Alumni return to PMHS to share advice on college athletics

A group of eight Penn Manor alumni returned to the high school Jan. 3 to share advice with current Penn Manor students about attending college while participating in sports.

    The Athletic Alumni Roundtable, held in the high school cafeteria, attracted about 40 students, along with coaches and parents.

    The panel of collegians responded to questions about balancing athletics and academics, choosing the right college and the differences between athletics on the college and high school levels.

    After the question-and-answer session, the student athletes broke into small groups for individual discussions with students.

    The roundtable was designed to help Penn Manor students “become a little bit more college ready and to help them decide which colleges would be a good fit,” said Jason Mattern, Penn Manor athletic director.

   Many thanks to our alumni who participated in the event:

  • Brooke DeBerdine (Class of 2017) University of Maryland, field hockey
  • Cassie Kline (Class of 2015), Penn State University, field hockey
  • Doug Kramer (Class of 2017), Eastern University, cross country, track and field
  • Grant Gale (Class of 2017), Franklin & Marshall College, football
  • Matt Keller (Class of 2015), Syracuse University, football
  • Nick Kirk (Class of 2016), Ursinus College, lacrosse
  • Wyatt Barnett (Class of 2016), York College, lacrosse
  • Casey McCollum (Class of 2018), Lafayette College, football

HS students headed for state Future Business Leaders competition

Ten Penn Manor High School students have qualified to compete at the Future Business Leaders of America State Leadership Conference in Hershey in April.

The students qualified by placing in the top three at the FBLA Region 18 Conference, held Dec. 18 at Cocalico High School.

Penn Manor’s top finishers were:

  • Max Forrey, first place, Journalism
  • Alex Mowery, first place, Business Calculations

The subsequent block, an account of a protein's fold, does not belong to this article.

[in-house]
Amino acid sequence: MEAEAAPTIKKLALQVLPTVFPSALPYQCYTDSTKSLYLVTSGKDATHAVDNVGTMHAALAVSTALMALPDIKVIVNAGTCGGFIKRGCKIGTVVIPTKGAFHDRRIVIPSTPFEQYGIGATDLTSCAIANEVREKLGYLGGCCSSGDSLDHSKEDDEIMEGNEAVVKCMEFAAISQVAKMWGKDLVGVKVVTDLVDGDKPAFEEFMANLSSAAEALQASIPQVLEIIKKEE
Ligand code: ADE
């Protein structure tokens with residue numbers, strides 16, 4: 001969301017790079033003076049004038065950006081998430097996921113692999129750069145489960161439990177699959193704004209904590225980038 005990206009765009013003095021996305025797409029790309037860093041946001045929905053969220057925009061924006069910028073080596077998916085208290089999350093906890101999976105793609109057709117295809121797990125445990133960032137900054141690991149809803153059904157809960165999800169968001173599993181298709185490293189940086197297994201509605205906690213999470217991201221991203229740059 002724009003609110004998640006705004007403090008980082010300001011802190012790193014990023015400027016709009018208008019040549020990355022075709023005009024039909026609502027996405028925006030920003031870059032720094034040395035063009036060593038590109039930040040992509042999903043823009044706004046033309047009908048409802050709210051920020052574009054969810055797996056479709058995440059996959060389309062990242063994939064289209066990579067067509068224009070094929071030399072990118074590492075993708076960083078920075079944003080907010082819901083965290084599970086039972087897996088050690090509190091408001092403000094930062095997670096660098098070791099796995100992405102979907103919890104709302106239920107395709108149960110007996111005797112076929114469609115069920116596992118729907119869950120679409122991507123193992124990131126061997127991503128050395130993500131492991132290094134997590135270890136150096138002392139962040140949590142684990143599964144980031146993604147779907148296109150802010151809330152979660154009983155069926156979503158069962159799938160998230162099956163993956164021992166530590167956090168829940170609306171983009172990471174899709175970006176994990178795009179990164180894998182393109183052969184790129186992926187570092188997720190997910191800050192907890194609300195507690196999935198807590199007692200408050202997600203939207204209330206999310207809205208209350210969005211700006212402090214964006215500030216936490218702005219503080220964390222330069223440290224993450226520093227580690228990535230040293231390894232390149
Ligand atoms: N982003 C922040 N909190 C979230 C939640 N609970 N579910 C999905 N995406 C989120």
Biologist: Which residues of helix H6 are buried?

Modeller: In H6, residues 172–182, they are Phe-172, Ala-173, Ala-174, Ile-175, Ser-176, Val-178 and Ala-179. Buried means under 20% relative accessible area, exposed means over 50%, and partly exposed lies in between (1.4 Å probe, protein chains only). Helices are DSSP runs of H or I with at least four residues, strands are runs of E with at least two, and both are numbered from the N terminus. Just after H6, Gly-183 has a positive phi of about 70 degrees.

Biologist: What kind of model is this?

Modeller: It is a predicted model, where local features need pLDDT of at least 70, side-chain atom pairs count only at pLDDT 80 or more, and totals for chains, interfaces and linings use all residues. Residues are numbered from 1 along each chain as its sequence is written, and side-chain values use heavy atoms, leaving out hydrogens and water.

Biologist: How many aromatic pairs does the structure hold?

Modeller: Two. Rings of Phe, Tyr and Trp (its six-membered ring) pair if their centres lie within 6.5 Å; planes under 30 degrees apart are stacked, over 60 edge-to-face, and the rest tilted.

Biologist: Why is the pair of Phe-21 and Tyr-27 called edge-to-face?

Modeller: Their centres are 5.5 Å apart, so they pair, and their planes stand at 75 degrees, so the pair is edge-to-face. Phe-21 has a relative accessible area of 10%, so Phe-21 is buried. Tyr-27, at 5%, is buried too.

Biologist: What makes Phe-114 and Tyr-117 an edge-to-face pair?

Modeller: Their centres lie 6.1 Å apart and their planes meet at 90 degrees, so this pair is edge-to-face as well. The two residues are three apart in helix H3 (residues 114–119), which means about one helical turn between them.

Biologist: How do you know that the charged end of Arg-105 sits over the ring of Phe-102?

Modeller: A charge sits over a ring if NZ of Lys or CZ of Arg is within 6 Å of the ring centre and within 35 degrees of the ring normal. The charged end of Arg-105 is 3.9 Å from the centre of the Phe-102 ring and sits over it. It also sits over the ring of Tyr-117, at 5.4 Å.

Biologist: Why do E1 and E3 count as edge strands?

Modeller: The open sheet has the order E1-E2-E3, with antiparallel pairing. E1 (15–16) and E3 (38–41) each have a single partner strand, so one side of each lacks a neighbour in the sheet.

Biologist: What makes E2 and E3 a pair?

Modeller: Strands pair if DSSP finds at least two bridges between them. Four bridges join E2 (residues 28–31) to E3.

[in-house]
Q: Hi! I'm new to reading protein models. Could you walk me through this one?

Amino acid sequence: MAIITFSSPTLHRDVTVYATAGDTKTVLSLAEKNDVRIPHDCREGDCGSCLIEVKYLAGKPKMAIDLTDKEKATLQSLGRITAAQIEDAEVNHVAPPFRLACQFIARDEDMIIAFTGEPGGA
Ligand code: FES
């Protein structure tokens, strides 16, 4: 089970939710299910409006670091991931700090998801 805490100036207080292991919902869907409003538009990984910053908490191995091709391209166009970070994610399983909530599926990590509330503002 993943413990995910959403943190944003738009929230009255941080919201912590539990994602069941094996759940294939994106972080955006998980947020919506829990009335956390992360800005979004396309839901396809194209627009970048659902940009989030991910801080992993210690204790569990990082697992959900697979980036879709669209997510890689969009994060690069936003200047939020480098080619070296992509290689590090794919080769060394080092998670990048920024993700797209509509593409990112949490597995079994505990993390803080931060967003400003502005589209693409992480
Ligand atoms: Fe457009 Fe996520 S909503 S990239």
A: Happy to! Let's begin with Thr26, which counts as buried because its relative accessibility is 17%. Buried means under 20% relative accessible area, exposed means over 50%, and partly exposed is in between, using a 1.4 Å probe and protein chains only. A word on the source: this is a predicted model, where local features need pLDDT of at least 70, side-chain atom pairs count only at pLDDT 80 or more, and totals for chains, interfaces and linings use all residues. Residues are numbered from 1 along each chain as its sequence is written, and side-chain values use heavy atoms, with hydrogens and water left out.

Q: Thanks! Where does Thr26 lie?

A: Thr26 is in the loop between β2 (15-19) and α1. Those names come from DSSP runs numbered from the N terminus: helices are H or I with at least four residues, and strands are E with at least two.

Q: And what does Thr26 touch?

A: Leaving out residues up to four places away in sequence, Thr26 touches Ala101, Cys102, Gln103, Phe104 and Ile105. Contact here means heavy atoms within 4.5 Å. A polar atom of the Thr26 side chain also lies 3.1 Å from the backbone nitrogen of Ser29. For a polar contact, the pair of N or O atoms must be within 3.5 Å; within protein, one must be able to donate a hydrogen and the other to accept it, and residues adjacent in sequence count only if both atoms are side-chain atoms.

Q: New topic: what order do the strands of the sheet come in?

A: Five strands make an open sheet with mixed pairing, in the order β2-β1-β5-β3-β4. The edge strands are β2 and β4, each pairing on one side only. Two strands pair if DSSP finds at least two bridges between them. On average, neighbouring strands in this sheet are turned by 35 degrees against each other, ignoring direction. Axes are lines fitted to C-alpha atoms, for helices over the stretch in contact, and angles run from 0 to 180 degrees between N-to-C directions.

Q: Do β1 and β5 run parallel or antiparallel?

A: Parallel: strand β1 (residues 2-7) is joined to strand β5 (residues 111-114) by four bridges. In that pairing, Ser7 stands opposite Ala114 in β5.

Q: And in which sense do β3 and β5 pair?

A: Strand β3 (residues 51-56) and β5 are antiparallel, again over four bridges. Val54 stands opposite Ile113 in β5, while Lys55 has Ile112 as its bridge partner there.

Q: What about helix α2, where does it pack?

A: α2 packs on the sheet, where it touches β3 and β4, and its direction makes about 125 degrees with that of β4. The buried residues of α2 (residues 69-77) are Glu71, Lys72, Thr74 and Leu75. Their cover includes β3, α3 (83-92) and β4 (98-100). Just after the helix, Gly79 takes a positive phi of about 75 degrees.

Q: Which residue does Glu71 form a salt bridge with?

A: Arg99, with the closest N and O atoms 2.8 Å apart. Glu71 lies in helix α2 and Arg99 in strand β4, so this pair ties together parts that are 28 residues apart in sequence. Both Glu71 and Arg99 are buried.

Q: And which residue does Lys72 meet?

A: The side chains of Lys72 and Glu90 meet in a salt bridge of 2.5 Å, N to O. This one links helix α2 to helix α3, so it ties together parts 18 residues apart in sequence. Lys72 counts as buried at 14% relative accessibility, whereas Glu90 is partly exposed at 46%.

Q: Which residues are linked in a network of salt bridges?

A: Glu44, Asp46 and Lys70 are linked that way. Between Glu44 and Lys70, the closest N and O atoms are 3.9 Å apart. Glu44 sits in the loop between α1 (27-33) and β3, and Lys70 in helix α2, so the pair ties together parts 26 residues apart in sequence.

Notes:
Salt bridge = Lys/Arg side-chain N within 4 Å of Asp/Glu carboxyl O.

• Kaden Peart, second place, Political Science
  • Dominic Roma and Zach Bailey, third place, Sports & Entertainment Marketing
  • Dan Mader, Owen Rohrer and Trevor Grassel, third place, Marketing
  • Gavin Davidson and Garrett Garber, third place, Entrepreneurship

They will move on to compete at the state conference April 8 to 10 in Hershey.

Congratulations, and best wishes as you compete at States!

Kindergarten registration opens Jan. 7; Information Night is Feb. 5

Kindergarten registration for the 2019-2020 school year opens Monday, January 7, and Penn Manor is hosting an information night February 5 to familiarize parents with the kindergarten program and area preschools.

Students registering for kindergarten must be 5 years old by Sept. 1, 2019, to be eligible to enroll for 2019-2020. Parents/guardians must begin the registration process online by clicking here.

The Kindergarten Information Night and Preschool Expo will be held February 5, from 6:15 to 8 p.m., at Hambright Elementary School, 3000 Charlestown Road, Lancaster 17603. 

The snow date is February 6.

Preschool Expo:  Beginning at 6:15 p.m., Penn Manor families will have the opportunity to network with representatives of local preschools to learn about pre-K options in our area. Penn Manor does not currently offer a preschool program.

Enrolling your child in a pre-K program helps build a solid foundation for learning and eases the transition to kindergarten.

Kindergarten Information Night At 7 p.m., our Penn Manor kindergarten teachers will provide an overview of our curriculum and explain how you can help ensure that your child is ready to attend kindergarten.

Parents may attend one or both events. Registration is not required, and child care will not be provided.

Please join us!

Penn Manor/Hempfield team places second in HackHershey

A team of students from Penn Manor and Hempfield was a top finisher in a statewide hacking competition held recently at Hershey High School.

    Kyler Stigelman, Aidan Lewis and Tristen Martin of Penn Manor and Michael Pagano of Hempfield placed second overall in HackHershey, a 12-hour programming competition that attracted 21 student teams from across Pennsylvania.

    The projects were judged on originality, technical difficulty, polish and usefulness.